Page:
Everything revolves around it these days, right?! What to do with it, where does it go, why does it leave so fast!
Well, we hate money, but know we have to have it. But I can tell you, there is never enough! We work so hard to keep this small family farm dream alive, but often that means never actually getting a paycheck. That means if our cows milk production drops or people slow down in buy meat or unexpected repairs surprise us, something has to give. That is why you often see us doing things on the farm all together, vacations or weekend getaways are not really an option for us. So we try to make every day a family day. We love what we do, and know that we chose this life. We love that we can do it together! Many farms nowadays, one parent has to work off the farm just to keep a reliable paycheck coming in! That wasn't gonna work for Derek & I, well because have you met us? We are weird!
So instead we choose to live with a little less & work a little harder to keep things going together! Maybe many of you, because of the recent year events, are just learning what it is like to be with your spouse 24/7...That will be a blog for another day!
But the thought this blog started with was that even with the little bit of money that we do have coming in, we try to keep it all in the community! Often, getting all our parts or tools from the Jaeckel Brother's near Jefferson. We get all our tires from Bert's Tire in Johnson Creek. We get all our building needs from Pal Steel or True Value in Palmyra. All of our seed is purchased through Frank's Organic Mill in Jefferson. And we try to keep all our fuels and oil sourced through a local dealer. Many of our grocery's are even sourced from Wisconsin such as Great River Milling, Berries Brother's Coffee, Jones, and Wollersheim Winery!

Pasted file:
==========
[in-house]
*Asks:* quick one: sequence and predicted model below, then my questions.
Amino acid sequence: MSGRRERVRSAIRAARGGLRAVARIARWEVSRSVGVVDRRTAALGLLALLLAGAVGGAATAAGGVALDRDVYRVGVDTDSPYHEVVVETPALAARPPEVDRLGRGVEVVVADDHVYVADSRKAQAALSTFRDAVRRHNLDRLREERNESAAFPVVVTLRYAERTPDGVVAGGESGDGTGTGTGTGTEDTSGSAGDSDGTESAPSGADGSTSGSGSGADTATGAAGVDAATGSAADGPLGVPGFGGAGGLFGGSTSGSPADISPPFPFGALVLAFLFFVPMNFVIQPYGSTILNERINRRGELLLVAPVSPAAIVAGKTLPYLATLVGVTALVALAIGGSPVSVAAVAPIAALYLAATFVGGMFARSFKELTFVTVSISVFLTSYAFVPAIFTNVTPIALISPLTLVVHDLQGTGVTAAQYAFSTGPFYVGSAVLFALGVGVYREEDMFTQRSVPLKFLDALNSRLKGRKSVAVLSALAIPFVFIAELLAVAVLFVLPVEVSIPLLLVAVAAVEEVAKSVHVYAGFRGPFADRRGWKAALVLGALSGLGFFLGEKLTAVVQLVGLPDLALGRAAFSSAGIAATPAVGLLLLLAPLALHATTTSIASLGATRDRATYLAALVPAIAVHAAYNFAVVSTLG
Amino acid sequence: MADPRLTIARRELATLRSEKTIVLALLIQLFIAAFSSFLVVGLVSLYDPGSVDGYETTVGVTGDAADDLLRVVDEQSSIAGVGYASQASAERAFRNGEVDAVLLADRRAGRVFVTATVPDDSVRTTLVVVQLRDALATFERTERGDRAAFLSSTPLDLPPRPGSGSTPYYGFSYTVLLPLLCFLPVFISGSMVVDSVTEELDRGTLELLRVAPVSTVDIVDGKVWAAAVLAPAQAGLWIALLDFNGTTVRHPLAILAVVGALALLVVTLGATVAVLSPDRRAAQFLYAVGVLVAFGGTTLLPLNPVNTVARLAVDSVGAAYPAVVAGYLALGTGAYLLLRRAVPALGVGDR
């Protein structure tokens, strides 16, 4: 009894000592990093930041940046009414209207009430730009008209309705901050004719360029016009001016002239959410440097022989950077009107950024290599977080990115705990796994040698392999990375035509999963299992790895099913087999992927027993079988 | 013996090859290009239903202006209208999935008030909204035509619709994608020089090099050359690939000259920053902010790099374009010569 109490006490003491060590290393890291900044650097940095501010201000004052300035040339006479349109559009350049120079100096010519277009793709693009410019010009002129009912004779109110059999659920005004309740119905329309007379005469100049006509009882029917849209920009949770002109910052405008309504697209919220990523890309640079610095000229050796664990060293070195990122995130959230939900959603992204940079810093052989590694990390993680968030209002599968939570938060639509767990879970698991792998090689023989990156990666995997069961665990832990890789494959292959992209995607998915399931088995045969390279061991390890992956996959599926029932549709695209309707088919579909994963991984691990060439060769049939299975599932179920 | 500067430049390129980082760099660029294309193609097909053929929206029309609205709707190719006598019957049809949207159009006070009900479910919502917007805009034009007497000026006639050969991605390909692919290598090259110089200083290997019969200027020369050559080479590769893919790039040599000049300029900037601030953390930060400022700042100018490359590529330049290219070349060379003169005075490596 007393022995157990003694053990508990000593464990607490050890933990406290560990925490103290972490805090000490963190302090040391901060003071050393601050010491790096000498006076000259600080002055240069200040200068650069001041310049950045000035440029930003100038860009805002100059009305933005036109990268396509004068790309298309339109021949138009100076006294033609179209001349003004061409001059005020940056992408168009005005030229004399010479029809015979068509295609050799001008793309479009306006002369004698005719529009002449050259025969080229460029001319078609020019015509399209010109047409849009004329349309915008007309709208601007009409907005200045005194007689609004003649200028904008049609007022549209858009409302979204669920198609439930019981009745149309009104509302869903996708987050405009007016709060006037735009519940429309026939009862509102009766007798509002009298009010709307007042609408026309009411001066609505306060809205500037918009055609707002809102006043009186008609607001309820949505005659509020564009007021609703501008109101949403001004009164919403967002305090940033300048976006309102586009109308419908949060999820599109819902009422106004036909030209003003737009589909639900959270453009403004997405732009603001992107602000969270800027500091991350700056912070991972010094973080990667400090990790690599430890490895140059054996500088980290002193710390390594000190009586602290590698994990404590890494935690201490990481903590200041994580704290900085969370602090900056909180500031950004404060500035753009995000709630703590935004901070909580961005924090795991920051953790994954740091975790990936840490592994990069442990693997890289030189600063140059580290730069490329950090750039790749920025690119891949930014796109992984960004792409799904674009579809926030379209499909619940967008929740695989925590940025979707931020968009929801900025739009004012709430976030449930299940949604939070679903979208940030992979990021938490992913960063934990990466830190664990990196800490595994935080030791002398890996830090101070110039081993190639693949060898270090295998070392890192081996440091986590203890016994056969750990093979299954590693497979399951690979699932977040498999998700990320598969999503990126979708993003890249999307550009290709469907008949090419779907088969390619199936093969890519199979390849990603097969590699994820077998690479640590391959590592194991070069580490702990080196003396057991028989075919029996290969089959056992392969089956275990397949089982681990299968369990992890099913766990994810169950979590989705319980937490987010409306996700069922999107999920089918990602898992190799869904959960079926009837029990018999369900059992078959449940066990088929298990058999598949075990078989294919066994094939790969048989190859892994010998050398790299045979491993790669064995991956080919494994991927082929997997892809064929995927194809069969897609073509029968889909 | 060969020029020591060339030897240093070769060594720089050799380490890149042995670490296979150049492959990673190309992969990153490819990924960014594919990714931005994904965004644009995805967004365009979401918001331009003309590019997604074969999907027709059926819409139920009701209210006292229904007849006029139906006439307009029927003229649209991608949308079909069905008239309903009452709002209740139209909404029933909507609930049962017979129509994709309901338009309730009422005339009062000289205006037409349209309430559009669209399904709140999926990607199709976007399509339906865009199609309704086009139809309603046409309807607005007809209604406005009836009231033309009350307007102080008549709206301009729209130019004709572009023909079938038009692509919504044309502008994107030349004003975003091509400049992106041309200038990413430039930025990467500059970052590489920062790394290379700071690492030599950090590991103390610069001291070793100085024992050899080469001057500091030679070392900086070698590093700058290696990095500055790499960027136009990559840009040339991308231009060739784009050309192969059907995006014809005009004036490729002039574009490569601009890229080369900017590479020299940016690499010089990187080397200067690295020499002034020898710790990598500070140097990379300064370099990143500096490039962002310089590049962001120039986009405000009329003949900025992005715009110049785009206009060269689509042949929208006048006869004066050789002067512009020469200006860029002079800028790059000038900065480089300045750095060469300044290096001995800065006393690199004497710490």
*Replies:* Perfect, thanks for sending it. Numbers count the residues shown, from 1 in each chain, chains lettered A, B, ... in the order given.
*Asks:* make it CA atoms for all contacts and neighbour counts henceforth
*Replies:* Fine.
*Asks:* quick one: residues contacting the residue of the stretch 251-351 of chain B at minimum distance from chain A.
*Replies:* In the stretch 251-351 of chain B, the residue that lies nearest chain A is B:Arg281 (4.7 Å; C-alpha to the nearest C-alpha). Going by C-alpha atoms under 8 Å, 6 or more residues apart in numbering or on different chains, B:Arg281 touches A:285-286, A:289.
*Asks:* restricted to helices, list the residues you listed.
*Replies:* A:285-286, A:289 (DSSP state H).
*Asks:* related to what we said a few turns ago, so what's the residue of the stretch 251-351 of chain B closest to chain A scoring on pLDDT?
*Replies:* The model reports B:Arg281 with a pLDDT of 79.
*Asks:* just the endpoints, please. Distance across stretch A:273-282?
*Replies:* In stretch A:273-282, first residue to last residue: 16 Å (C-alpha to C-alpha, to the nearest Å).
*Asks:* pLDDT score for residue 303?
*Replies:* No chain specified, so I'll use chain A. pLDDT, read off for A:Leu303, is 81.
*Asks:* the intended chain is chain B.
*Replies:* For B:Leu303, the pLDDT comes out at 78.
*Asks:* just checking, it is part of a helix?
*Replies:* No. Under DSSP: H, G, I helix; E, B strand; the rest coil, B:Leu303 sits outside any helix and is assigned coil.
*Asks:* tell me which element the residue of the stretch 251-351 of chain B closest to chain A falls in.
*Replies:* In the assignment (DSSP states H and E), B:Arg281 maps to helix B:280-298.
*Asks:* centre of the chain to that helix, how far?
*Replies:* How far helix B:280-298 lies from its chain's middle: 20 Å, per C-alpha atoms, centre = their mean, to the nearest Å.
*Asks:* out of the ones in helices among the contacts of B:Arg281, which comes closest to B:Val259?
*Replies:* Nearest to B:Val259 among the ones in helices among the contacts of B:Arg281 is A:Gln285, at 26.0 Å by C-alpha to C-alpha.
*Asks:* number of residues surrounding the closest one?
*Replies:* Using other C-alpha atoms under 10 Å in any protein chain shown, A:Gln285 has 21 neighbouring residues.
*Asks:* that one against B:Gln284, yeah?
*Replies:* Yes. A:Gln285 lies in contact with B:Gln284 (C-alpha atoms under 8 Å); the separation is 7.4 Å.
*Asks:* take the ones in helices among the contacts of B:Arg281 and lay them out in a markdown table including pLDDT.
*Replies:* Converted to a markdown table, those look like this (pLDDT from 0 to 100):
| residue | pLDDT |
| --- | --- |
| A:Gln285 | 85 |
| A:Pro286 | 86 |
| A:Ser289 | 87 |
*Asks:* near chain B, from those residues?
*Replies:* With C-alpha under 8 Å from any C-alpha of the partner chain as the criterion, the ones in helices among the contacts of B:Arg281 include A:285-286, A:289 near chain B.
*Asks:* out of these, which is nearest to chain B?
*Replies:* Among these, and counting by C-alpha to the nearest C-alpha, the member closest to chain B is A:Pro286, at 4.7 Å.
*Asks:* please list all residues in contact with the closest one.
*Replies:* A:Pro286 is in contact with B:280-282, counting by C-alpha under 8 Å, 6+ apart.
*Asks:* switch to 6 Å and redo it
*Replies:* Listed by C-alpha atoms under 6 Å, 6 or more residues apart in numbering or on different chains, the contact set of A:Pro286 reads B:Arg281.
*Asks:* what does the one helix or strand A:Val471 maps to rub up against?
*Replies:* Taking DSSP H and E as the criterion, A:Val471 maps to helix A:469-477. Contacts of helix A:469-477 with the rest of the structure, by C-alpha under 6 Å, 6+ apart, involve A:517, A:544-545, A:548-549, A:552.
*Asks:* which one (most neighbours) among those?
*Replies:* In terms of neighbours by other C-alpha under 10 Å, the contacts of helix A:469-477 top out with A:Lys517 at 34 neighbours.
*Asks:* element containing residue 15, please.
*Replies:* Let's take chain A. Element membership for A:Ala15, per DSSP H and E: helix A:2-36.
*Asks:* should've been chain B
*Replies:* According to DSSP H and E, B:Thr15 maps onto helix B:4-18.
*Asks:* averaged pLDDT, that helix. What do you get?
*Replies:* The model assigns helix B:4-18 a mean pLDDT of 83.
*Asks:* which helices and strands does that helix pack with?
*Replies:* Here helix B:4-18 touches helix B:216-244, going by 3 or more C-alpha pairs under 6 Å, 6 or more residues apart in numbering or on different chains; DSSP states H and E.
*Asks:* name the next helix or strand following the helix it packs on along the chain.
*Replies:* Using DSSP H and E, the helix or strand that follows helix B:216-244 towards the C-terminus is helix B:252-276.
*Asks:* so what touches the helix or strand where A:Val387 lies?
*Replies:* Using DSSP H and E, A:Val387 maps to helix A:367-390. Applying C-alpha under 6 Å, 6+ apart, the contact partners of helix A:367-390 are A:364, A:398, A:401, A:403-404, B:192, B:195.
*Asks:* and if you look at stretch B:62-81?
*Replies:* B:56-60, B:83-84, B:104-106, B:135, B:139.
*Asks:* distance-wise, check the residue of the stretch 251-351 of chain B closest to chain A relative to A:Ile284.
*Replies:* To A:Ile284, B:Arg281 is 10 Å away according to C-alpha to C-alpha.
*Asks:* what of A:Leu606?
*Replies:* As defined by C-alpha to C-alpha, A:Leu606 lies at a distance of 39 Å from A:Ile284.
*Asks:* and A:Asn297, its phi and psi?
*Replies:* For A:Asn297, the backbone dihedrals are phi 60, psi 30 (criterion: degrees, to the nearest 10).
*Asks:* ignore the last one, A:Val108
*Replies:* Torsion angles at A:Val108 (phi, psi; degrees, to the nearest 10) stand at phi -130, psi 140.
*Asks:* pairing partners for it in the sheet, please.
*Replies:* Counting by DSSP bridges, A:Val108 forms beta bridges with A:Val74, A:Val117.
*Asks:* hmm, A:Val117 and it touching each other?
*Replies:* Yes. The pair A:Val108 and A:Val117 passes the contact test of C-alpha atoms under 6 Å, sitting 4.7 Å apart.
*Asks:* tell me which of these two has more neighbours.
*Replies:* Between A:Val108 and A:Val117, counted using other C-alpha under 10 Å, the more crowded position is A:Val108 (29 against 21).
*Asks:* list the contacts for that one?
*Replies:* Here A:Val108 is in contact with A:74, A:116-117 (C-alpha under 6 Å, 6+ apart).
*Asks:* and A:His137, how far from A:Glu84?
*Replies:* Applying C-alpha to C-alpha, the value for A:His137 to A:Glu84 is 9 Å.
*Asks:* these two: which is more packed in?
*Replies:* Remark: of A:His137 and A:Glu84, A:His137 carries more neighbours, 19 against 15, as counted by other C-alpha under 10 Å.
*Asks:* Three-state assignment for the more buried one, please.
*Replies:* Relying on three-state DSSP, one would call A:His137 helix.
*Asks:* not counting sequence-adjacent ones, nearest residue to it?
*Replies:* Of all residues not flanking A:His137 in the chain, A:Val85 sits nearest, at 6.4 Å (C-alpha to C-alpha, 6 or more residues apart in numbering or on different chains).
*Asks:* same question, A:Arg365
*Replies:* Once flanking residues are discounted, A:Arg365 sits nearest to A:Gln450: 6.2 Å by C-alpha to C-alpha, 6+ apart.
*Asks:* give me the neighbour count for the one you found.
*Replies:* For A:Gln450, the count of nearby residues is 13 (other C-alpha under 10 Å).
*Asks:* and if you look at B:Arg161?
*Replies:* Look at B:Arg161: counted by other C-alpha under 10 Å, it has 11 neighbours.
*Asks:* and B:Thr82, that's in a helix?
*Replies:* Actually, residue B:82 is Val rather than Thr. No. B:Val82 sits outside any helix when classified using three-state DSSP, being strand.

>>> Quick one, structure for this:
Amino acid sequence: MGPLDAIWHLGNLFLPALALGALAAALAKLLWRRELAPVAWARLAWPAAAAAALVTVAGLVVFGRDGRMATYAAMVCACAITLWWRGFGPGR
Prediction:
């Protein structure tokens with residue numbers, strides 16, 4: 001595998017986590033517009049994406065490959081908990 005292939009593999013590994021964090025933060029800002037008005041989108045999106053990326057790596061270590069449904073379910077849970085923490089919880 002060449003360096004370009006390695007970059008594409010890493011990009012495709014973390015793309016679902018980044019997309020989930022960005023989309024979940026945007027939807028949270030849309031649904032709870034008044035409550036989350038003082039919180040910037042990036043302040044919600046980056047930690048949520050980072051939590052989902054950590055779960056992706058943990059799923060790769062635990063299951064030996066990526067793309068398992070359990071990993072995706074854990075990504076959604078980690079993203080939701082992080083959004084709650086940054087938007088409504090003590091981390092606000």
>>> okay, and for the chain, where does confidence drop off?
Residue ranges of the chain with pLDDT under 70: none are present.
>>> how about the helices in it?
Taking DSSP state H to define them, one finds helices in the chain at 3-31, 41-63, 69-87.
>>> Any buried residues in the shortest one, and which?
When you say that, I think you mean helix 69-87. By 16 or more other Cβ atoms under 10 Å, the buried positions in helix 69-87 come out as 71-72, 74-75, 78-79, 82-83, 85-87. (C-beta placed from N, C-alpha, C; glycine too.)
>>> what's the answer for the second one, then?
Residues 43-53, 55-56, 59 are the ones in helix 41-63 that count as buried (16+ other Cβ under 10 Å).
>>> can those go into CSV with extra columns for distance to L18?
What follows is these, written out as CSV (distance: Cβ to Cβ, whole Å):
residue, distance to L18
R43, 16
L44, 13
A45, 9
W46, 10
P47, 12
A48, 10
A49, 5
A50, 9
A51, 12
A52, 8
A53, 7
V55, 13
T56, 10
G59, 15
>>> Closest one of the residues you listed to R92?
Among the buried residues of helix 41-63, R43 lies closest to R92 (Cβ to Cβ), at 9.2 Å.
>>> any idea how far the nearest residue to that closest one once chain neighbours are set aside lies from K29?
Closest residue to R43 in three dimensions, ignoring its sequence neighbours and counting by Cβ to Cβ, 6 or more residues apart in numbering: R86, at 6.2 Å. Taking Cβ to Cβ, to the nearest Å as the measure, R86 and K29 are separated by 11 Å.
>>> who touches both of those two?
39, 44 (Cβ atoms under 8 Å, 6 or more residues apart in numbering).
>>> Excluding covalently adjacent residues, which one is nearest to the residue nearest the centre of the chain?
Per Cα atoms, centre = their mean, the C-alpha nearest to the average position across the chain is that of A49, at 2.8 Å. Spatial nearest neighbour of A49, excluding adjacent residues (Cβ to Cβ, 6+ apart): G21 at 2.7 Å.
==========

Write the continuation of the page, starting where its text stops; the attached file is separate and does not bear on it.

Our very rare nights out include a visit to the local pub, Paddy's in Fort Atkinson, or T & D's in Palmyra! We also love the Hen House in Eagle!
So what does all this mean to you? Well, when you hand me a $20 bill, I take that over to Erin at the pub for some Irish Nachos. She can then take it to pay her waitress or chef, they can then take their kids to the local bowling alley or ballet classes, and the cycle continues. Nobody in China, Washington DC or anywhere else has to take that money from us (At least not a lot of it, yet). It is ours, it stays here.
Why is this important? Well, let's look at it the other direction. If you come over here with your $20 bill, I take that $20 off to McDonalds. I get 4 mass produced Big Mac's for 3.99 each which comes to $16.84 with tax. Those patties may come from a processing plant in the US, Germany, New Zealand, Australia, or Canada. Each patty has meat from many different cows from different ranches. The kid working behind the window gets $8/hour roughly. So say it takes 15 minutes to prepare my 4 Big Macs totaling $16.84. He gets about .53 cents for those 15 minutes. We know that .88 goes to the state of Wisconsin for sales tax. So $1.41 of my $16.84 may be staying in the state of Wisconsin. Where does the other $15.43 go? Maybe some goes to a few more employees in the physical store. But even if $5.00 of that goes to actual employees in our community, where does the rest go? A distributer in Oklahoma or maybe one in Germany. Is the farmer getting any of that after the CEO of McDonalds is walking away with over $5,000,000 of annual salary and other compensation? (Salary.com)
What stinks is we have gotten ourselves into a bit of pickle here because, just like us it is hard to justify spending an extra few dollars on a meal that you can trace without a coding degree. Especially, when we just have to fill empty bellies. Everyone has to make choices that are right for them, and their families. But when, if able, you ever have an extra few dollars think about supporting a local spot. If this pandemic has taught us anything it is that anywhere can be a drive-thru! Ask where your burger comes from! Let your restaurants know that you would pay an extra few bucks to know you could drive past where that beef was raised.
And as you pay that bill, picture the little girl with the biggest smile on her face getting dropped off to her ballet class, or think of the little boy finally is getting the new boots he needed to help his dad on the farm.
Sites sourced for this blog: